How much could a low COVID-19 pandemic change the injury trends? A single-institute, retrospective cohort study

Ling Wei Kuo, Chih Yuan Fu, Chien An Liao, Chien Hung Liao, Yu Tung Wu, Jen Fu Huang, Chi Hsun Hsieh, Chi Tung Cheng*

*Corresponding author for this work

Research output: Contribution to journalJournal Article peer-review

12 Scopus citations


Objectives COVID-19 has changed the epidemiology of trauma. However, Taiwan is a country with a low COVID-19 threat, and people's daily lives have remained mostly unchanged during this period. The purpose of this study is to investigate whether the trend of trauma incidence and the service of trauma care is affected by the relatively minor COVID-19 pandemic in Taiwan. Design A single-institute, retrograde cohort study. Setting An observational study based on the trauma registry of Chang Gung Memorial Hospital (CGMH). Participants Trauma patients presented to the emergency department of CGMH in the period of 1 January to 30 June 2020 (week 1 to week 26) were designated as the COVID-19 group, with 1980 patients in total. Patients of the same period in 2015-2019 were designated as the pre-COVID-19 group, with 10 334 patients overall. Primary and secondary outcome measures The primary outcome is the incidence of trauma admission. Differences in trauma mechanism, severity, location and outcome were also compared in both groups. Results A decrease in trauma incidence during March and April 2020 was noticed. Significant change (p<0.001) in trauma mechanisms was discovered, with decreased burn (5.8% vs 3.6%) and assault (4.8% vs 1.2%), and increased transport accidents (43.2% vs 47.2%) and suicide (0.2% vs 1.0%) in the COVID-19 cohort. A shift in injury locations was also found with a 5% decrement of workplace injuries (19.8% vs 14.8%, p<0.001). Conclusion The limited COVID-19 outbreak in Taiwan has led to a decreased incidence of trauma patients, and the reduction is mostly attributed to the decline in workplace injuries.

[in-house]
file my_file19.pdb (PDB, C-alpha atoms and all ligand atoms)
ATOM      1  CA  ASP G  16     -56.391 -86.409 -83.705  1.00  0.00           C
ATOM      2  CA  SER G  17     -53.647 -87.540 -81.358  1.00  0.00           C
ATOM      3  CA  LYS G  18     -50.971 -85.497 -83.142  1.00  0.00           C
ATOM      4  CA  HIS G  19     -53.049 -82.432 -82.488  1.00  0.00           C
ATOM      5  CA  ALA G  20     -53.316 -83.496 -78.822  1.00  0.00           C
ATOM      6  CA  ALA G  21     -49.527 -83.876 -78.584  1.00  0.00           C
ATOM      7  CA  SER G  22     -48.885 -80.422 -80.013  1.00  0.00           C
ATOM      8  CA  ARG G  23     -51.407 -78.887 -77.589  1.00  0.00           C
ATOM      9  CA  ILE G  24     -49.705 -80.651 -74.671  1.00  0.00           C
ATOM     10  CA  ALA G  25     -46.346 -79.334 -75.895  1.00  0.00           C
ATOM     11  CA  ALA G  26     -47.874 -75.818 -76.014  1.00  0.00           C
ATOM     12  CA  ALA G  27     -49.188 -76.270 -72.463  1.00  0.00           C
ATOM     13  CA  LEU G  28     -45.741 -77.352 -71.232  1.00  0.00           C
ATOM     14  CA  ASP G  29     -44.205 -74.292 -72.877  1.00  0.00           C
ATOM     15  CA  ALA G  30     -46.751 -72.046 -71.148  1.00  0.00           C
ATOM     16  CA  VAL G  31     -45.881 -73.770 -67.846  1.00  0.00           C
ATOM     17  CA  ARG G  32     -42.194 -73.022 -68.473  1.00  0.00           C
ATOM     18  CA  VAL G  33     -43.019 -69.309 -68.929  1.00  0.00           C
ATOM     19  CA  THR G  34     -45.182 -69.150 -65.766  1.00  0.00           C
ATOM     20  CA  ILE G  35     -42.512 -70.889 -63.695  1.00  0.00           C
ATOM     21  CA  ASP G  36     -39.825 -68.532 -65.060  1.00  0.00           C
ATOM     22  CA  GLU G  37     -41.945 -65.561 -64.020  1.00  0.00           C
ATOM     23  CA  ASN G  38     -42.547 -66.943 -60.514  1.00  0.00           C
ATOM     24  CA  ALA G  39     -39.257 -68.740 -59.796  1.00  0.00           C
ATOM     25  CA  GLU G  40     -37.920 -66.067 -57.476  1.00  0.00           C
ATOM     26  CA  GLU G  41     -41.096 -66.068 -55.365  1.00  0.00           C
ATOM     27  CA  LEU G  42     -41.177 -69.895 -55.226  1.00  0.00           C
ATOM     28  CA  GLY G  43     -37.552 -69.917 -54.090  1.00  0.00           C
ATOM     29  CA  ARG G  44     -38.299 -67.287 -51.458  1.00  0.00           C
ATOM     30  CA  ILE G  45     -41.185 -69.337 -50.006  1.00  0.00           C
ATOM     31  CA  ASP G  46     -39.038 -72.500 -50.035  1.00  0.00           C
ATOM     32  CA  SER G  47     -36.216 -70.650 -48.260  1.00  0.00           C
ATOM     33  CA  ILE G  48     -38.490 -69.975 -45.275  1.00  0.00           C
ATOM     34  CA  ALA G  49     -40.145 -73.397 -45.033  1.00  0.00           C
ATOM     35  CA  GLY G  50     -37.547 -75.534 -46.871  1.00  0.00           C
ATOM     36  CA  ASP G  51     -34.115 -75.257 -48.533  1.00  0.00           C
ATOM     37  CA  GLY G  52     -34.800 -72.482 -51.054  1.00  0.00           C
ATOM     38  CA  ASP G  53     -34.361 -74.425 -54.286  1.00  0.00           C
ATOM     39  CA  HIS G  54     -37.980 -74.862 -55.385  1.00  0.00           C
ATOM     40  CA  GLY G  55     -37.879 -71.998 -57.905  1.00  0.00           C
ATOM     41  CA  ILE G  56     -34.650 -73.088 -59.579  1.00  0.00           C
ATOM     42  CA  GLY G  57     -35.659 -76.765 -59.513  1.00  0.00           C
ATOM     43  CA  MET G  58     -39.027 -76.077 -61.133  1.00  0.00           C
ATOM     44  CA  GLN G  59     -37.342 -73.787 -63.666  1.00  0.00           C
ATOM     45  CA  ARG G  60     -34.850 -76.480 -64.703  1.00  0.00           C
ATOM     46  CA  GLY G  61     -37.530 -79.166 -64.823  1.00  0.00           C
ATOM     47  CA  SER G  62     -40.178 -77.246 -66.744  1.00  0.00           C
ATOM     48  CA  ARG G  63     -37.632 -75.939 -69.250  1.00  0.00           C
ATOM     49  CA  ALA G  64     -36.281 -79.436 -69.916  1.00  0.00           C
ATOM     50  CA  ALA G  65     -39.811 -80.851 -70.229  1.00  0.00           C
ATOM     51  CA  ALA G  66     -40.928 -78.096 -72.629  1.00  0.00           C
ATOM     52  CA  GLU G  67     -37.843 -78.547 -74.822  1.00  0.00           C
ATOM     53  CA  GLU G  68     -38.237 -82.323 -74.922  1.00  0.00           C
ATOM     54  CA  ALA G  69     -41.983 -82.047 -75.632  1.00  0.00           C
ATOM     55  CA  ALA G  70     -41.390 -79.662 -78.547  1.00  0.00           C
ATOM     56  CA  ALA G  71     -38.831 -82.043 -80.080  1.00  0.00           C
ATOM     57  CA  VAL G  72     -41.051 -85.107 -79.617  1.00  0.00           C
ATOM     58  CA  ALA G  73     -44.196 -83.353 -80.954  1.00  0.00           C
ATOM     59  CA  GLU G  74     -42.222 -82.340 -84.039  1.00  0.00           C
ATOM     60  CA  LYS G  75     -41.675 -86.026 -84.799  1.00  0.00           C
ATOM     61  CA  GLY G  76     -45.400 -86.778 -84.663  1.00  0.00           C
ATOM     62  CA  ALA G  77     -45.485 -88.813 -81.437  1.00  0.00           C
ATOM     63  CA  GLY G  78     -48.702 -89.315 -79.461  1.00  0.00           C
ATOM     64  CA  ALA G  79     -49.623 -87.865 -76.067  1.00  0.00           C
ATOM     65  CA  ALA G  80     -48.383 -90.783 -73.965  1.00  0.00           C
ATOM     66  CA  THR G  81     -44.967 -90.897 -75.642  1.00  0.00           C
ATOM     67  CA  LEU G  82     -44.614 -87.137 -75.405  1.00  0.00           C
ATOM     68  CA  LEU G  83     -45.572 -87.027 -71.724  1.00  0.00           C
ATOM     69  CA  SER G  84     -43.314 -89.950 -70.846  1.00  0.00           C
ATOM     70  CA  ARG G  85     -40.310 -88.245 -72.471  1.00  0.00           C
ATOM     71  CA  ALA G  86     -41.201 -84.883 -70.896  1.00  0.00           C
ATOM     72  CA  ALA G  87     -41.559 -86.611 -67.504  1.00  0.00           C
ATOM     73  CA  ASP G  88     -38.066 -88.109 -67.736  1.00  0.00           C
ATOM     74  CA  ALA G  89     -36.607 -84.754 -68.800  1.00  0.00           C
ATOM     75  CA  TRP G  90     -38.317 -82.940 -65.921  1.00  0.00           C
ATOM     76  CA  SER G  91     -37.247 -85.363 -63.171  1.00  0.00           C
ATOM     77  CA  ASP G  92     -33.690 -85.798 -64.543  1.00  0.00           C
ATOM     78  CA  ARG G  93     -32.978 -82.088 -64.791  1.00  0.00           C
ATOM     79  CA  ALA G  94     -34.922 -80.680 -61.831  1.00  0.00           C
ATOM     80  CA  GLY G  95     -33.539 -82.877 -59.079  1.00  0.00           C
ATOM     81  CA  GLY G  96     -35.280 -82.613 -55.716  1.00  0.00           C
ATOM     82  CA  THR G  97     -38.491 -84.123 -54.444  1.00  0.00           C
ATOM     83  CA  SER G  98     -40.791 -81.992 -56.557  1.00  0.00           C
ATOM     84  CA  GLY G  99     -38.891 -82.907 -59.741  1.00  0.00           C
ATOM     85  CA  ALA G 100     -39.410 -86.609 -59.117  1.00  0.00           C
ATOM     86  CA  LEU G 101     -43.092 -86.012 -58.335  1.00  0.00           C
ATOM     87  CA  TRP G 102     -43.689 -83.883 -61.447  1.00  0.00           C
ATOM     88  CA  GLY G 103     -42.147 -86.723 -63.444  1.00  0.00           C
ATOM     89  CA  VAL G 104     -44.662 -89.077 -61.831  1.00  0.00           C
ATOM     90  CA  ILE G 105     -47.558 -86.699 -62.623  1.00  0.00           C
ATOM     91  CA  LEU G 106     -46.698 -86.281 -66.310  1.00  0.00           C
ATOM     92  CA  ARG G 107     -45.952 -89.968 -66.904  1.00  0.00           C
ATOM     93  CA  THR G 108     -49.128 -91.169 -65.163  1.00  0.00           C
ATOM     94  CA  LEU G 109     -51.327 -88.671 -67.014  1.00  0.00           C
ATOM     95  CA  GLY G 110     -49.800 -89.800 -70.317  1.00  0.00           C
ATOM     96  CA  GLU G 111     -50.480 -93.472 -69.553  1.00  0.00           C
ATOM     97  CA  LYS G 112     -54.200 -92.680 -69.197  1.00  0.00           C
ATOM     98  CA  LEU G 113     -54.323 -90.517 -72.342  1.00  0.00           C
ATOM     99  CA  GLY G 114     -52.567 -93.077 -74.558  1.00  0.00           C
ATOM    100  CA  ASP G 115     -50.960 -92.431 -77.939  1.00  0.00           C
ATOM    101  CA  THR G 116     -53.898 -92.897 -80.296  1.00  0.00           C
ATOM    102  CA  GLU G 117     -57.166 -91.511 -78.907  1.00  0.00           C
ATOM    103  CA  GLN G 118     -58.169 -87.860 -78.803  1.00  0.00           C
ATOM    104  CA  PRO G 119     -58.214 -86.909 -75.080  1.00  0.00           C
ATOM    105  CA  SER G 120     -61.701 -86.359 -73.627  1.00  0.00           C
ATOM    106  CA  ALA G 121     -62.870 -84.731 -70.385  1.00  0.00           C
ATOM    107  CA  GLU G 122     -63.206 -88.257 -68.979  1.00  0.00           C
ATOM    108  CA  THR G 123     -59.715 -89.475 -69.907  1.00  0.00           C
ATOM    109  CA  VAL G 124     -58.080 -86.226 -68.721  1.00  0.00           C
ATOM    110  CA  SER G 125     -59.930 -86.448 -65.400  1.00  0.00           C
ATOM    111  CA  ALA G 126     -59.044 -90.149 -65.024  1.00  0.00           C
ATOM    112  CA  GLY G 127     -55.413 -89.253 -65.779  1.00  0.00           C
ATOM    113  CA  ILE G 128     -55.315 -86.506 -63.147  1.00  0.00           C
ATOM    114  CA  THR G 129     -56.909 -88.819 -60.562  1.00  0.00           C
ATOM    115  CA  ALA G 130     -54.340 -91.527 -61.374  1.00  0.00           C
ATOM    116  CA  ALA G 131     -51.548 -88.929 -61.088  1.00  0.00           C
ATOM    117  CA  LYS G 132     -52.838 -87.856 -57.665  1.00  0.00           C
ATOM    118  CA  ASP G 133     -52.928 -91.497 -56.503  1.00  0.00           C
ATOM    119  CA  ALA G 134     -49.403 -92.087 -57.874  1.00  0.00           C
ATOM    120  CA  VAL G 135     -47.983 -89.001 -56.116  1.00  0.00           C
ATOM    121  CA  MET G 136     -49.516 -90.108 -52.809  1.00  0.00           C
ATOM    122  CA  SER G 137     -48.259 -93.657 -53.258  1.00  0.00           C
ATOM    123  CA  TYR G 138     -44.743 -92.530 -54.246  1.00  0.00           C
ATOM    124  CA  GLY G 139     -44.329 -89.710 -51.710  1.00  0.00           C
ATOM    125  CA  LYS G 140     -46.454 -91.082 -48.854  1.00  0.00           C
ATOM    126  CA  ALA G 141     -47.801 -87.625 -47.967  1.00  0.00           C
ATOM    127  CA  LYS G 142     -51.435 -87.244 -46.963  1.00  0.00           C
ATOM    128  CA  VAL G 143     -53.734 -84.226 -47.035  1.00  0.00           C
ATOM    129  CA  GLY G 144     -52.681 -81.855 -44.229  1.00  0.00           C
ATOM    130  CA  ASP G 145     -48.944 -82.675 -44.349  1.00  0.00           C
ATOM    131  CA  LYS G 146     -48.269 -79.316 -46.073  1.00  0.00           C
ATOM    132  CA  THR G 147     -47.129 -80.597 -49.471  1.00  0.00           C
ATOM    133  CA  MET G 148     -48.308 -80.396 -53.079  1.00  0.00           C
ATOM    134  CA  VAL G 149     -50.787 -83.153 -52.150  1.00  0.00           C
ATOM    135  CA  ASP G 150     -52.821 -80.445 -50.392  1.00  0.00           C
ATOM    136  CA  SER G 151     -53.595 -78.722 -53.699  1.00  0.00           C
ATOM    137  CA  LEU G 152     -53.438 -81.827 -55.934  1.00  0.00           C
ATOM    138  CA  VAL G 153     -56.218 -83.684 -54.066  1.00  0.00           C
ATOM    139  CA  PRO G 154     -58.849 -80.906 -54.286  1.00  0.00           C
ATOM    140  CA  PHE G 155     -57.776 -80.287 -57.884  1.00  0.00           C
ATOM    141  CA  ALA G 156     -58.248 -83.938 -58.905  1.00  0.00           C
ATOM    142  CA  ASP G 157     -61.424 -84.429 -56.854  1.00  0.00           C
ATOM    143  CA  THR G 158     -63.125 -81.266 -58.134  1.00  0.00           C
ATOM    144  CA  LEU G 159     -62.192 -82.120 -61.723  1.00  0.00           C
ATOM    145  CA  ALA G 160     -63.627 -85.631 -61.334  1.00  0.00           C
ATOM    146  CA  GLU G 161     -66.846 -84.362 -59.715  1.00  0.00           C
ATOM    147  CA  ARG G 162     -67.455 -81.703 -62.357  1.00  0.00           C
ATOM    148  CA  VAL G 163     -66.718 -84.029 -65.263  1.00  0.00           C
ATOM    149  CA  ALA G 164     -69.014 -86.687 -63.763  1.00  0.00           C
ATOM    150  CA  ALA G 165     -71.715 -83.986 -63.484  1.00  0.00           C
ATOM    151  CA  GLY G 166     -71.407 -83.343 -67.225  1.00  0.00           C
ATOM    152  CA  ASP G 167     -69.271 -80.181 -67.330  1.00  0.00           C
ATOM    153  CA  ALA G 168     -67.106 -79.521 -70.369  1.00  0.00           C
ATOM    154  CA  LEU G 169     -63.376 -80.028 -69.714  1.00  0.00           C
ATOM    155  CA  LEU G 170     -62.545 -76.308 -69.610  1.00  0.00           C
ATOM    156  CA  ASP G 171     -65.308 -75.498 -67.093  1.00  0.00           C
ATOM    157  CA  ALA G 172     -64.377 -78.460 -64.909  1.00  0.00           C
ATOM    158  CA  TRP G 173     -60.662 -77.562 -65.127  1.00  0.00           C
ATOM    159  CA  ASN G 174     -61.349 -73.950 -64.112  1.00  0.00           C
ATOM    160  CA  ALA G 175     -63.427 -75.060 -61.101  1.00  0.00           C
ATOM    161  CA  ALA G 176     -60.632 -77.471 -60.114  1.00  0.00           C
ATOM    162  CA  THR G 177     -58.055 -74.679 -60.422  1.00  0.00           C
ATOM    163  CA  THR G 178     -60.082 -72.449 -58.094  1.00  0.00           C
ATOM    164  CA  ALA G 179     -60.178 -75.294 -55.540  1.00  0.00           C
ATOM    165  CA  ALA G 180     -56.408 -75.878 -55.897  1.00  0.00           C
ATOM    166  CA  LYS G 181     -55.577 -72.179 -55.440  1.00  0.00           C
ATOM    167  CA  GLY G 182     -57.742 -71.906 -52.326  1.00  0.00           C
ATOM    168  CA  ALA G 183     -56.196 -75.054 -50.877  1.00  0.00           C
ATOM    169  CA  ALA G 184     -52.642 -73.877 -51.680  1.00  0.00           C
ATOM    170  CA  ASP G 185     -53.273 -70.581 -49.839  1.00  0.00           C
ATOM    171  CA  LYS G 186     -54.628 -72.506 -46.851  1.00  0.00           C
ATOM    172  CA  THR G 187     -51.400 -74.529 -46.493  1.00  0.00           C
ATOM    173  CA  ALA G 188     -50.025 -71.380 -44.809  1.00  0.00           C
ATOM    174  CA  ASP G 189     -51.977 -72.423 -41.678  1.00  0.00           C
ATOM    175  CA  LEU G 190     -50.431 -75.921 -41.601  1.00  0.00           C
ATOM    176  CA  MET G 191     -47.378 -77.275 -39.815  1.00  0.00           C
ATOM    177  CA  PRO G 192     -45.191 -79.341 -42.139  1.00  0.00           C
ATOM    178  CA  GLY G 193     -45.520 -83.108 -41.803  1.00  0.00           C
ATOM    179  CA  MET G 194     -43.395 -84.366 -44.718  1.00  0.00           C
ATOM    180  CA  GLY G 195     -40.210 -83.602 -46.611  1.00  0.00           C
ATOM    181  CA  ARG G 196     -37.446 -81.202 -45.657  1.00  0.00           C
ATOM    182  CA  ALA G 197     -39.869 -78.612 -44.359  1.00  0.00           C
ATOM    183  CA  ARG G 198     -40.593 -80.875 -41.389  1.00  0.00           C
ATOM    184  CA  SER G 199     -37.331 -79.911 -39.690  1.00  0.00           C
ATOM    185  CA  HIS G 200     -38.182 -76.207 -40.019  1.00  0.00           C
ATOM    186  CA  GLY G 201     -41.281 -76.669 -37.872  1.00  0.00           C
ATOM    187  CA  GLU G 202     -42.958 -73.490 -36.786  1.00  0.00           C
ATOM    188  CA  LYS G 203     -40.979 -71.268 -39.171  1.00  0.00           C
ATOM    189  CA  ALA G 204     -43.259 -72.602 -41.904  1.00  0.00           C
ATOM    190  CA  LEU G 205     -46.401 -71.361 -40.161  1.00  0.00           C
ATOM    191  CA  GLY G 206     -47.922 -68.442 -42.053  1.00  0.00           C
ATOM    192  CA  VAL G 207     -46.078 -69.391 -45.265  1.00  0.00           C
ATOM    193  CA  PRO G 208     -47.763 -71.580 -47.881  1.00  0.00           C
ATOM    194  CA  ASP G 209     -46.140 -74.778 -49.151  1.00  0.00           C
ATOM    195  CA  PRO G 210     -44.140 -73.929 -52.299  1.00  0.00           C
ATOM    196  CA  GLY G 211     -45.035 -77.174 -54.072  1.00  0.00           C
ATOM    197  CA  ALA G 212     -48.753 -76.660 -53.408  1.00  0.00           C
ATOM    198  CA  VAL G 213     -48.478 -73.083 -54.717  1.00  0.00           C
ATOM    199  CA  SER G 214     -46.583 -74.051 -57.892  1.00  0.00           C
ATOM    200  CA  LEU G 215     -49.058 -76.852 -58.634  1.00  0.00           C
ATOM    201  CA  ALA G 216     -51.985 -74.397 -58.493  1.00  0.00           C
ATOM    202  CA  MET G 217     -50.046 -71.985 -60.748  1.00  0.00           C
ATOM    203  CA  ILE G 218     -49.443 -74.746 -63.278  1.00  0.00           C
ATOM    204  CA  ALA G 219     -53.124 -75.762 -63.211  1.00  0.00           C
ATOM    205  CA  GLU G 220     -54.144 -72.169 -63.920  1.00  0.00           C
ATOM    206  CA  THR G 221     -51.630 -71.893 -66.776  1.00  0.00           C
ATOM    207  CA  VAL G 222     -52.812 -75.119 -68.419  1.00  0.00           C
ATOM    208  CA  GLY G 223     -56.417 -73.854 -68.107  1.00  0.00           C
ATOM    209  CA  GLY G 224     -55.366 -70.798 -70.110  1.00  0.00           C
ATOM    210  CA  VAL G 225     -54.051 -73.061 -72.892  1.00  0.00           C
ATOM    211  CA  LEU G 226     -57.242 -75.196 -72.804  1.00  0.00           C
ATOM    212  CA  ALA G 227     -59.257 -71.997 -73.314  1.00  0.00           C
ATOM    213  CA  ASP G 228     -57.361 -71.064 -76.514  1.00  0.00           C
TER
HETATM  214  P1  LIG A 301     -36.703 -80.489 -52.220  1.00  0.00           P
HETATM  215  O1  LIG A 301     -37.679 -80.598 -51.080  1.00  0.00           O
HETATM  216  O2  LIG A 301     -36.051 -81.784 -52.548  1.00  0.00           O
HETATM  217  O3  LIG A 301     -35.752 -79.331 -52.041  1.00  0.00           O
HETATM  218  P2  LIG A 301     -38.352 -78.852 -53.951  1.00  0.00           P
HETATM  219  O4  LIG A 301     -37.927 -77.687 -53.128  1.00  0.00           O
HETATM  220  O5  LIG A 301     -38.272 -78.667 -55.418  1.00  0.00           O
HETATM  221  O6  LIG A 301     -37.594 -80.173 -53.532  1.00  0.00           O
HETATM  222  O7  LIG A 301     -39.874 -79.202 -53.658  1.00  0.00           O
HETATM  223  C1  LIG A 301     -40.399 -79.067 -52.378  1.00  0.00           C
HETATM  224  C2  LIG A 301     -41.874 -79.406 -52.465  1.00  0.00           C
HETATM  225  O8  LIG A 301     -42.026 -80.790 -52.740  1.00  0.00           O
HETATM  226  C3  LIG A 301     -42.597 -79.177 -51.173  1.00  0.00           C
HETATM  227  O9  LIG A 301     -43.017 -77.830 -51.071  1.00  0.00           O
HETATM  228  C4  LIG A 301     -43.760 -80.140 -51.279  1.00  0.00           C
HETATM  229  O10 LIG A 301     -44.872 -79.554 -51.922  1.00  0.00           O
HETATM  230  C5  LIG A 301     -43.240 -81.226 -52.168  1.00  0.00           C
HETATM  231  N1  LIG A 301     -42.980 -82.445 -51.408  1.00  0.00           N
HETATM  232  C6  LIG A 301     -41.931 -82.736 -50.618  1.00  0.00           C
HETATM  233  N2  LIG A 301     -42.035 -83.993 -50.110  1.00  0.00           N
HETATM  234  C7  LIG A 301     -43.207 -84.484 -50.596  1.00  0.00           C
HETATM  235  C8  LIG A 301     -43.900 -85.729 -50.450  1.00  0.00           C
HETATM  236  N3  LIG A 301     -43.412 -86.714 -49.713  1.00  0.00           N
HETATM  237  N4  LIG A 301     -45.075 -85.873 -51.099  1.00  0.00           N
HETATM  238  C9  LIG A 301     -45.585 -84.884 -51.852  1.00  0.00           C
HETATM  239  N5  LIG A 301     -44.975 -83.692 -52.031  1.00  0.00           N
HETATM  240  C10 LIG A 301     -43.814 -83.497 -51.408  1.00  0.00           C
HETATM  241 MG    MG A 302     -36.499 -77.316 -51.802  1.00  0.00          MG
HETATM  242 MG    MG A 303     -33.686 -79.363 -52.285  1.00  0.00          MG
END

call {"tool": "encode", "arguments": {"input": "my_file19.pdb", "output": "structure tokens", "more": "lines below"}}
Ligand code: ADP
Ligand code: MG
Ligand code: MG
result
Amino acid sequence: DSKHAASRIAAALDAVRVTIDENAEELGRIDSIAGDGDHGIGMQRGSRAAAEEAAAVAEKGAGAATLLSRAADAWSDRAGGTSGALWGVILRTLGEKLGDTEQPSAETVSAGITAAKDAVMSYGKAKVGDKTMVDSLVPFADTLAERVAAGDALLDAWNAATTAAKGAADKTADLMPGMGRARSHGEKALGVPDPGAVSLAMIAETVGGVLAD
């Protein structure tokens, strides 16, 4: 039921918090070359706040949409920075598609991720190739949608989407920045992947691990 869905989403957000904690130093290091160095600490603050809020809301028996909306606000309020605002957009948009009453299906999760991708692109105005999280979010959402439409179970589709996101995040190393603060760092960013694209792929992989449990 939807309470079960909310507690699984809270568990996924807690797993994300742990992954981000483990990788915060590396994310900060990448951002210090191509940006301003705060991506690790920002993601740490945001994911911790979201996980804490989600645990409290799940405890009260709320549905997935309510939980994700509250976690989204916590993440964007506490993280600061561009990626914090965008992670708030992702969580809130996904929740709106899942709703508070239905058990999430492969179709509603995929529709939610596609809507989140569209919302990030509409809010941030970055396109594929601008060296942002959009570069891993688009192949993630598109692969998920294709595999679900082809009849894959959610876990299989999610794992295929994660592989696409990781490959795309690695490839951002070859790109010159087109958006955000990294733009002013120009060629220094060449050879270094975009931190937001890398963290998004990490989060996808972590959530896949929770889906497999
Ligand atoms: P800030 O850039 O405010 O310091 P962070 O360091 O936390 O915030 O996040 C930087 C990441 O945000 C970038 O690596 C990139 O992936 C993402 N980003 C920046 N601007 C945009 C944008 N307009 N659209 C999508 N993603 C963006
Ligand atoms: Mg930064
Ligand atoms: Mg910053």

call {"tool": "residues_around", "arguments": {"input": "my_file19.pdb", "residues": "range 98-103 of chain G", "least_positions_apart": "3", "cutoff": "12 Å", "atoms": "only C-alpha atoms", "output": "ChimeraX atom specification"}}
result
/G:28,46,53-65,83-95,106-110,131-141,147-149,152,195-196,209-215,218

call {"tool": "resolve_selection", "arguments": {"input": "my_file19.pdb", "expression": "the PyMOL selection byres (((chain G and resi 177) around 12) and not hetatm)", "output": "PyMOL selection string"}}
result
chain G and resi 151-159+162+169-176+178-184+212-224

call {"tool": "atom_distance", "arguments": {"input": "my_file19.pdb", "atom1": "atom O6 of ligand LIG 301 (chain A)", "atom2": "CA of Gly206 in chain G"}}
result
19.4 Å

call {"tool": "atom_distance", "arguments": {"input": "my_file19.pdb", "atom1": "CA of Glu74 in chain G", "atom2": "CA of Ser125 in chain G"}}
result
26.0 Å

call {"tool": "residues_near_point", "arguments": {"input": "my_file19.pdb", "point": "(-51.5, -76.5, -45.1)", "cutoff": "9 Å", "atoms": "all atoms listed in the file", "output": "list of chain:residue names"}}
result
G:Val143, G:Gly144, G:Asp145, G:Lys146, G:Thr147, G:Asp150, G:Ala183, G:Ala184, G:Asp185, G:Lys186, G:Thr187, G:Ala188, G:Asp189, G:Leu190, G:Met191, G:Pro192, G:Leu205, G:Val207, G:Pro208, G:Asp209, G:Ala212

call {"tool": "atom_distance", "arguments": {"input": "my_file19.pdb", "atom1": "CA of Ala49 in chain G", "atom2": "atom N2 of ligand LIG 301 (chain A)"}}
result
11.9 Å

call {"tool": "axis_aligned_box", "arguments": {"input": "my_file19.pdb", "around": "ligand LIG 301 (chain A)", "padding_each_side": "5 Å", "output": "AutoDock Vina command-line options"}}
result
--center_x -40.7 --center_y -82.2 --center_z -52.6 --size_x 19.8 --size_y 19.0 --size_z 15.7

Original languageEnglish
Article numbere046405
JournalBMJ Open
Issue number3
StatePublished - 16 03 2021
Externally publishedYes

Bibliographical note

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  • COVID-19
  • epidemiology
  • trauma management


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